Small-Cap Stocks, Nasdaq Spearhead Gains; Is The Fed's 'Game Of Governors' Hurting Investors?


Small-Cap Stocks, Nasdaq Spearhead Gains; Is The Fed's 'Game Of Governors' Hurting Investors?


Robert Maltbie, president of Las Vegas-based Singular Research, expressed optimism for small-cap stocks in 2023. One reason: Valuations are more attractive in this area vs. the biggest issues that lead the Nasdaq 100. "With the QQQs getting priced at around 28 times earnings, that's where the vulnerability is," he told IBD. "Small-cap stocks and micro caps also really line up to a new supercycle in commodities."

Maltbie notes that when he spotted the chip-equipment gear maker in IBD's key stock lists, trading around 16 or 17 a share last year, he saw practically zero coverage among the main firms on Wall Street. Shares now trade at 35, up 80% after three moves above the 19.53 buy point of a base within a larger structure. Aehr's products have found a niche within the electric vehicle market.
Maltbie criticizes the manner in which the Fed is using relatively old data to make judgments on how far interest rates should rise. For instance, some of the data the central bank looks at involves surveys of prices on apartment rentals across the country that take place every six months. Maltbie likens that to looking at the health of a stock on its chart by taking into account its 200-day moving average, but not its current price.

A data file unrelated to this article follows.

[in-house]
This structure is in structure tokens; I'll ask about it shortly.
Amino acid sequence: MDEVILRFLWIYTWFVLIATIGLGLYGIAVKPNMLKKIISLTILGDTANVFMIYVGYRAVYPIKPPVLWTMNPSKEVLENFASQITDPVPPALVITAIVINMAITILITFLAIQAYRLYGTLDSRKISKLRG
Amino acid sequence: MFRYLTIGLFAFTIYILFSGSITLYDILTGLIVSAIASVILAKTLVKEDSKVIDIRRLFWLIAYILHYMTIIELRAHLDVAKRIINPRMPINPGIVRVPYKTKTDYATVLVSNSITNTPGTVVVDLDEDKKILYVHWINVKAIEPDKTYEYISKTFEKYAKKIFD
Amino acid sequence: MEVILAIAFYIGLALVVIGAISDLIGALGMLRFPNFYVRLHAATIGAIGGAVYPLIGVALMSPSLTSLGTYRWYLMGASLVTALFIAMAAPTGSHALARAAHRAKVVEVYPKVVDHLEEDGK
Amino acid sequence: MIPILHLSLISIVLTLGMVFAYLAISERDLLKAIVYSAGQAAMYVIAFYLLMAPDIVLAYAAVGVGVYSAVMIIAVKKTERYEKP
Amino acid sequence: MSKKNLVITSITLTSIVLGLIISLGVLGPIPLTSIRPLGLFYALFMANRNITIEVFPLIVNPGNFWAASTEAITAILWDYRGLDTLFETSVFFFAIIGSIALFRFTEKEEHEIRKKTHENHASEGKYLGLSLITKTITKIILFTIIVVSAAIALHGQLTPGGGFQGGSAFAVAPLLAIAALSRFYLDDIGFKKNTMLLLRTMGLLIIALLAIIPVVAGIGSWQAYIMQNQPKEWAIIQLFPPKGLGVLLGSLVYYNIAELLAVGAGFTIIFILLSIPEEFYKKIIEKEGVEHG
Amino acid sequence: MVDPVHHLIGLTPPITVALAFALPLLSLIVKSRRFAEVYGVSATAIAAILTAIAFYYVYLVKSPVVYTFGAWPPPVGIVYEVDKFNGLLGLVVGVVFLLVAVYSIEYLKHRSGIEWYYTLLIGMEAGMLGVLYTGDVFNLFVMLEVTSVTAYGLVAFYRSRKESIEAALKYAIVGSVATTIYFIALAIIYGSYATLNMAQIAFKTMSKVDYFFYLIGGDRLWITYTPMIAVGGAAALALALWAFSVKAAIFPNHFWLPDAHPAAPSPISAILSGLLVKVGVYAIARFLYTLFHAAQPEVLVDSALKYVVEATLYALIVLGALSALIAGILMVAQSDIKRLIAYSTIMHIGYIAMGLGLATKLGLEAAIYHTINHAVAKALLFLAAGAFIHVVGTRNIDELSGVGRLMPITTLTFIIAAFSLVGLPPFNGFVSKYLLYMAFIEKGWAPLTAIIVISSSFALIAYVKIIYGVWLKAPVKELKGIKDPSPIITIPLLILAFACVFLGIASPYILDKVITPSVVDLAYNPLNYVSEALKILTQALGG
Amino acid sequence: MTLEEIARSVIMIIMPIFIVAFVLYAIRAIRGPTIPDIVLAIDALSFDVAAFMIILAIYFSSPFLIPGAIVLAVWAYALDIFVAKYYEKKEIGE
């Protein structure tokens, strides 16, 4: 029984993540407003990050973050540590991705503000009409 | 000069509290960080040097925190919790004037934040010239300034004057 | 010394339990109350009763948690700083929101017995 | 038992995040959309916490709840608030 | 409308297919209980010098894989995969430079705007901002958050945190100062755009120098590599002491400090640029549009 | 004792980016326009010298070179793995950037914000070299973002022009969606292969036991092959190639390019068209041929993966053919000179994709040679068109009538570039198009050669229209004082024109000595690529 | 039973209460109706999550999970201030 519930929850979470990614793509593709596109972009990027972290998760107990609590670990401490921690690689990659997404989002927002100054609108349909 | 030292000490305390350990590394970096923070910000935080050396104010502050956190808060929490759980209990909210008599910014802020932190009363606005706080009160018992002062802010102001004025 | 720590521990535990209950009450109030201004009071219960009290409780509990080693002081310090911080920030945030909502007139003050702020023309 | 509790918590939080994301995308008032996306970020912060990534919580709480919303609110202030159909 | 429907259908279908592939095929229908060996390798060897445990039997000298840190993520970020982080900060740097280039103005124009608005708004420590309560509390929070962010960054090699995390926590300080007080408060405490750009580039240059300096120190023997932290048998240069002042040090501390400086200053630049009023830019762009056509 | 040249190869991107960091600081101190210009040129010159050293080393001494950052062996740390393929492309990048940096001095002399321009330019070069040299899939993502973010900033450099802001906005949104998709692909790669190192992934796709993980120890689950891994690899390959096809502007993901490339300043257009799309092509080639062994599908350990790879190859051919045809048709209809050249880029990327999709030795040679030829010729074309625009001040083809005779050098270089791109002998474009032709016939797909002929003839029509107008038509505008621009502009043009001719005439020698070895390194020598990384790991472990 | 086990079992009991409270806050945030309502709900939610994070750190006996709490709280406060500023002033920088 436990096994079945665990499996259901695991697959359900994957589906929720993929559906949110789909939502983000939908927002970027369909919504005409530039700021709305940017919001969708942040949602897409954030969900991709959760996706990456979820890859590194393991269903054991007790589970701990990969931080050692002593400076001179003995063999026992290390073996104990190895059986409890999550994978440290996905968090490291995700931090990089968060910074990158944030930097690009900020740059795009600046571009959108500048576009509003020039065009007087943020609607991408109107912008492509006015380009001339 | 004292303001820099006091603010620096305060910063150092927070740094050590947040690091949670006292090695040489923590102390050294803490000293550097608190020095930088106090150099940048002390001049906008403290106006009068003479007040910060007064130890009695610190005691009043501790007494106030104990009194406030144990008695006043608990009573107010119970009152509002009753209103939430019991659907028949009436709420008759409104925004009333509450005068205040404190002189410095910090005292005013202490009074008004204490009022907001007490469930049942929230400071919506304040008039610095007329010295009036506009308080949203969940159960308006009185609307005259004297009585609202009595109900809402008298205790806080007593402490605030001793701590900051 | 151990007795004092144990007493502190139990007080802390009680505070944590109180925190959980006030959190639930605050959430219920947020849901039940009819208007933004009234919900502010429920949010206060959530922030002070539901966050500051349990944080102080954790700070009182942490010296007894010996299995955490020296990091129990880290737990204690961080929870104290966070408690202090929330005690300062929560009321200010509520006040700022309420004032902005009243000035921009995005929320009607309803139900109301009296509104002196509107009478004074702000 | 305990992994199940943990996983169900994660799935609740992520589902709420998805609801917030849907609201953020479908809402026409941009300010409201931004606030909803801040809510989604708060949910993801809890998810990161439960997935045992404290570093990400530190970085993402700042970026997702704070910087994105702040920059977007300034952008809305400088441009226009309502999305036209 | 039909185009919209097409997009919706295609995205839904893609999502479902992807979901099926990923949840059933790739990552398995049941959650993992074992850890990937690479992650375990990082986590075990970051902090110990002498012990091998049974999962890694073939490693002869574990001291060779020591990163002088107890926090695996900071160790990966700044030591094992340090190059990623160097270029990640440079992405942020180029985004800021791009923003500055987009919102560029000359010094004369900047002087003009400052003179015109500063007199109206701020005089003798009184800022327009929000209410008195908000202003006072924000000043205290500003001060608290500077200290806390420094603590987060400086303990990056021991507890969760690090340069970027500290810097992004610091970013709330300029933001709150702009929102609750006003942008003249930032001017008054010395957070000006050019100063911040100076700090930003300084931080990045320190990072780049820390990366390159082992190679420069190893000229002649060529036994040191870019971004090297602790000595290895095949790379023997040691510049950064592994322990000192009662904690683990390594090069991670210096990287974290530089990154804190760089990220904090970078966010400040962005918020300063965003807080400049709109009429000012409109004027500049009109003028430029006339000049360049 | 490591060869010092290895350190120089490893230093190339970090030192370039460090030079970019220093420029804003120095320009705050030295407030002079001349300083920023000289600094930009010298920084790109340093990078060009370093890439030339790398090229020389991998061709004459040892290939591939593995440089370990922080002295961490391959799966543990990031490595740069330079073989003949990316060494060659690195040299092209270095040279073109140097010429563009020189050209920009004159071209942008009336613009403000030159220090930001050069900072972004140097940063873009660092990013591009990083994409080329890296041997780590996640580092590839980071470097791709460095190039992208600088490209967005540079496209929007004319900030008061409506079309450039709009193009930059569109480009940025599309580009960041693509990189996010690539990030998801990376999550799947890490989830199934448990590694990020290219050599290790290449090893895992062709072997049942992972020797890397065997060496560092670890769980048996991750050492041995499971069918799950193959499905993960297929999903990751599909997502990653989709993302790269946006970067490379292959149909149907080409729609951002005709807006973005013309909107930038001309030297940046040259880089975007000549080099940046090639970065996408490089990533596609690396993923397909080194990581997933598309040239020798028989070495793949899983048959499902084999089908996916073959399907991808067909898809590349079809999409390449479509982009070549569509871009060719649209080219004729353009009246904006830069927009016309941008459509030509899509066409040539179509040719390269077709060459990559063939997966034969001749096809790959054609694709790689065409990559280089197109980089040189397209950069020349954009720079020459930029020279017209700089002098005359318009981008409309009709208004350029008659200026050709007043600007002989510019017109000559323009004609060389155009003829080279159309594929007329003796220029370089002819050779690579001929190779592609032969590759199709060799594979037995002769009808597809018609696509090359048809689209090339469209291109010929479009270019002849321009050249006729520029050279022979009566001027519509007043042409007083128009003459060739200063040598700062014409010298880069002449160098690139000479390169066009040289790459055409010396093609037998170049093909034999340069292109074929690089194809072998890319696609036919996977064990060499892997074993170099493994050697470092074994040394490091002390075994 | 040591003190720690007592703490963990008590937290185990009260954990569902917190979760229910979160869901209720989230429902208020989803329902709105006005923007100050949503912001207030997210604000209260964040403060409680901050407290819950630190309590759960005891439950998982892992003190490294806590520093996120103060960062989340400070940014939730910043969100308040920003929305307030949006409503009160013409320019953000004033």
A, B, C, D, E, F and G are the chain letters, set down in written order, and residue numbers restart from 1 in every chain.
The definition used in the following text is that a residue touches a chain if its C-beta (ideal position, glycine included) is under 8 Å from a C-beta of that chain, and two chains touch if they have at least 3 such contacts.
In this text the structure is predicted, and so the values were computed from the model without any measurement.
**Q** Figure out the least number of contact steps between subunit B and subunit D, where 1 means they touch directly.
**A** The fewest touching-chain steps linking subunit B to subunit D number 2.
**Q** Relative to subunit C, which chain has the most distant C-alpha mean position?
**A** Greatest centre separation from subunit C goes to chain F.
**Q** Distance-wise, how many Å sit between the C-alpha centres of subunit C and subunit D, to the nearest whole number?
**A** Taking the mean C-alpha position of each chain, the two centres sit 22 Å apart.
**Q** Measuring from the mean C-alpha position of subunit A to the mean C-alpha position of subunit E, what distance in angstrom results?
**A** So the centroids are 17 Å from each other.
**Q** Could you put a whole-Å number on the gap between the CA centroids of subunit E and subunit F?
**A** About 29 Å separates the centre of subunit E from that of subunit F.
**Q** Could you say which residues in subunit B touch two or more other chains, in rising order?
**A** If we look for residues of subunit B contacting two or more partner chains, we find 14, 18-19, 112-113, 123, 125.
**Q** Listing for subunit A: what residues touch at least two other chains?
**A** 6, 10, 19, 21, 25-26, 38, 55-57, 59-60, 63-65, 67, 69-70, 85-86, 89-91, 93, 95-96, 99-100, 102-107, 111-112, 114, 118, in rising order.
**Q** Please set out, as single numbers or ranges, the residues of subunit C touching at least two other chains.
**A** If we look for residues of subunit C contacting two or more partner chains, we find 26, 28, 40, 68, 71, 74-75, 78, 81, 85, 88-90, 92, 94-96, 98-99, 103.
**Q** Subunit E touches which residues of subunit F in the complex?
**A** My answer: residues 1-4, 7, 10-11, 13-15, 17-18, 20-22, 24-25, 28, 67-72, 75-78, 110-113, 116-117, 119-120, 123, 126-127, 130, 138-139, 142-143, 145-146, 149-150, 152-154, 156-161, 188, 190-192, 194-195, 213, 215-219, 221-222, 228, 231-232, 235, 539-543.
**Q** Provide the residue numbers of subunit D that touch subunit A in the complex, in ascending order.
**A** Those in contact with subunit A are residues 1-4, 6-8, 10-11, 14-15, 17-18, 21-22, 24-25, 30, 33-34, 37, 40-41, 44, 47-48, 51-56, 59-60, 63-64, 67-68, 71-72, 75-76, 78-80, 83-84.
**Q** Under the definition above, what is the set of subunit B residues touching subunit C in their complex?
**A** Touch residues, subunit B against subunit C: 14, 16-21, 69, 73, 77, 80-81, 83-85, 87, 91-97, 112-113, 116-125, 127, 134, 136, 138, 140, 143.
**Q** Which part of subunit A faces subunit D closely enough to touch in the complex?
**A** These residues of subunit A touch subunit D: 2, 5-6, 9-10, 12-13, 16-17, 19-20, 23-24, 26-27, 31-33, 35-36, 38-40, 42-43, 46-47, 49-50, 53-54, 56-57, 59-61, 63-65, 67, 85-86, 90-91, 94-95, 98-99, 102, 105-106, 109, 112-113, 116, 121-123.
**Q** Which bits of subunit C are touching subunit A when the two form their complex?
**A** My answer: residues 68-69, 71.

"I can virtually guarantee that the monthly CPI will come down the next three or four months. You can get data on rents from other data gatherers. And in the last four months they have been downward," he added. "Savvy fund managers are having their analysts adjust the numbers for both CPI and PCE (personal consumption expenditures) indexes."

Meanwhile, Maltbie thinks a desire among monetary policy hawks within the Fed to talk down the stock market amounts to a virtual "game of governors," alluding to the HBO Max megahit series, "Game of Thrones." Why? The Fed's mission is both to maximize full employment and economic growth while keeping inflation and prices stable. "Are they trying to add to the price stability?" Maltbie asked with a hint of irony.


Future Of The Yield Curve

He believes over time the yield curve will resume its normal shape. That is, the hawkish elements of the Fed will recede. Put another way, at some point we could see the 1-year Treasury note, which closed Wednesday at 4.96%, fall back to 3%. The 10-year bond yield, now at 3.81%, may rise to 4%. Finally, the 20-year bond, yielding 3.97%, could eventually return to 5%.

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